Africa’s challenge to universal justice

South Africa, Gambia, and Burundi plan to withdraw from the International Criminal Court. While disappointing, their move cannot end the steady progress to establish universal ideals and norms of justice.

AP Photo
Chief Prosecutor Fatou Bensouda waits for the start of the court session where Ahmad Al Faqi Al Mahdi, a Malian Islamic extremist who pleaded guilty to destruction of historic mausoleums in Timbuktu, was sentenced at the International Criminal Court in The Hague, Netherlands, Sept. 27.

Three countries in Africa, most notably South Africa, have signaled they plan to withdraw from the International Criminal Court. That tribunal, set up only in 2002 by the United Nations to prosecute perpetrators of genocide and other mass atrocities, has achieved only a handful of convictions. Yet most have been against Africans. Many leaders on the continent either resent this apparent bias or, more likely, fear being next for ICC prosecution.

If more countries withdraw from the court’s jurisdiction, human rights activists worry that its mission of bringing justice for victims of mass violence could be slowed. On a large scale, a weaker ICC might set back decades of progress in showing that universal ideals, such as international law, can transcend the narrow interests of tribes and nations.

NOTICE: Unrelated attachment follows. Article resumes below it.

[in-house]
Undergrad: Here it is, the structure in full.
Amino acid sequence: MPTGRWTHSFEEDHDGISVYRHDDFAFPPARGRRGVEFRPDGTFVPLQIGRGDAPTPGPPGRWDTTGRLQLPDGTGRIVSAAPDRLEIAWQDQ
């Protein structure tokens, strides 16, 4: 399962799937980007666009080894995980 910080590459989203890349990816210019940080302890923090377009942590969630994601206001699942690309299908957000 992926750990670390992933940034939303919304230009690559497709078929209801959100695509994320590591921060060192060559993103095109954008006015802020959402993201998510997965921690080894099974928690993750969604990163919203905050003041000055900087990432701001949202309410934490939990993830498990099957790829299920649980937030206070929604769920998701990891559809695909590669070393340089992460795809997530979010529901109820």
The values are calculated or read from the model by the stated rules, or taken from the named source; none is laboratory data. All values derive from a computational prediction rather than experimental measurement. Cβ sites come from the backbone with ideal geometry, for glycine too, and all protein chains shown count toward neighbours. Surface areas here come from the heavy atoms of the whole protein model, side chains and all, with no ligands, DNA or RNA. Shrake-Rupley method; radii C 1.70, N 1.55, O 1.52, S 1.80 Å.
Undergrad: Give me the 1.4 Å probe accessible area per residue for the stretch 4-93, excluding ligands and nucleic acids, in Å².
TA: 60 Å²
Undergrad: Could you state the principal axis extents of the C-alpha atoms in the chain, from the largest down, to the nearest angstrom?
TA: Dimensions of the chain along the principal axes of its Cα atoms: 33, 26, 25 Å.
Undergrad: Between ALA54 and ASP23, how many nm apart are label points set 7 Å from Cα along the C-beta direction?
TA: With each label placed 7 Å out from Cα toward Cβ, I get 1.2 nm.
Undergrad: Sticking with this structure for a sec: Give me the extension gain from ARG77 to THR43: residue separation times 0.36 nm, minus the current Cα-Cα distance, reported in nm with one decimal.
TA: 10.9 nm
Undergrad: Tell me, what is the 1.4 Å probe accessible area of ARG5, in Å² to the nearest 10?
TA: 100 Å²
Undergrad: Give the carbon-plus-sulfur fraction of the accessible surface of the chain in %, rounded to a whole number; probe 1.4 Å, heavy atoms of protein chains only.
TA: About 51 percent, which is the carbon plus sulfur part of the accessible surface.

In other words, if justice is a common desire of humanity, so must be its global application. The ICC’s role is to prosecute the worst of crimes whenever a country fails to do so within its borders.

While the court has 124 members, it is still a new experiment in bringing universal justice. From the start, it was less than universal by the refusal of China, Russia, and the United States to join it for various reasons. And while the court has lately started to probe atrocities in the Middle East, Ukraine, and elsewhere, the extent of violence in Africa has allowed it to focus more easily on the worst despots in that region. Its chief prosecutor is an African, which further argues against the court being biased.

The ICC faces similar headwinds as does another recent UN invention: the idea that countries can be given permission to militarily intervene across borders to prevent mass killings. Known as “the responsibility to protect,” this principle endorsed in 2005 has been abused as much as it has been used to save lives, such in Libya in 2011. Yet such efforts represent humanity’s interest since World War II and the Holocaust to establish norms based on ideals such as human rights and democratic liberty.

The setback for the ICC should be seen in its larger context of the steady if fitful progress in persuading most of the world that certain ideals, such as justice, are indeed universal and can further the recent reduction in war violence. Many other efforts, such as treaties against weapons of mass destruction, are working well in setting higher norms. The world is also more tightly bound by economic concerns, which helps drive global rules to prevent violence.

The ICC was created in hopes of avoiding the kind of ad hoc courts set up to deal with mass violence, such as in the former Yugoslavia. Such a need still exists. A noble purpose like universal justice, once let loose, is difficult to end. At its creation, Kofi Annan, an African and at the time the UN secretary-general, described the ICC as a “giant step forward in the march towards universal human rights and the rule of law.” The withdrawal of few nations cannot stop that march.

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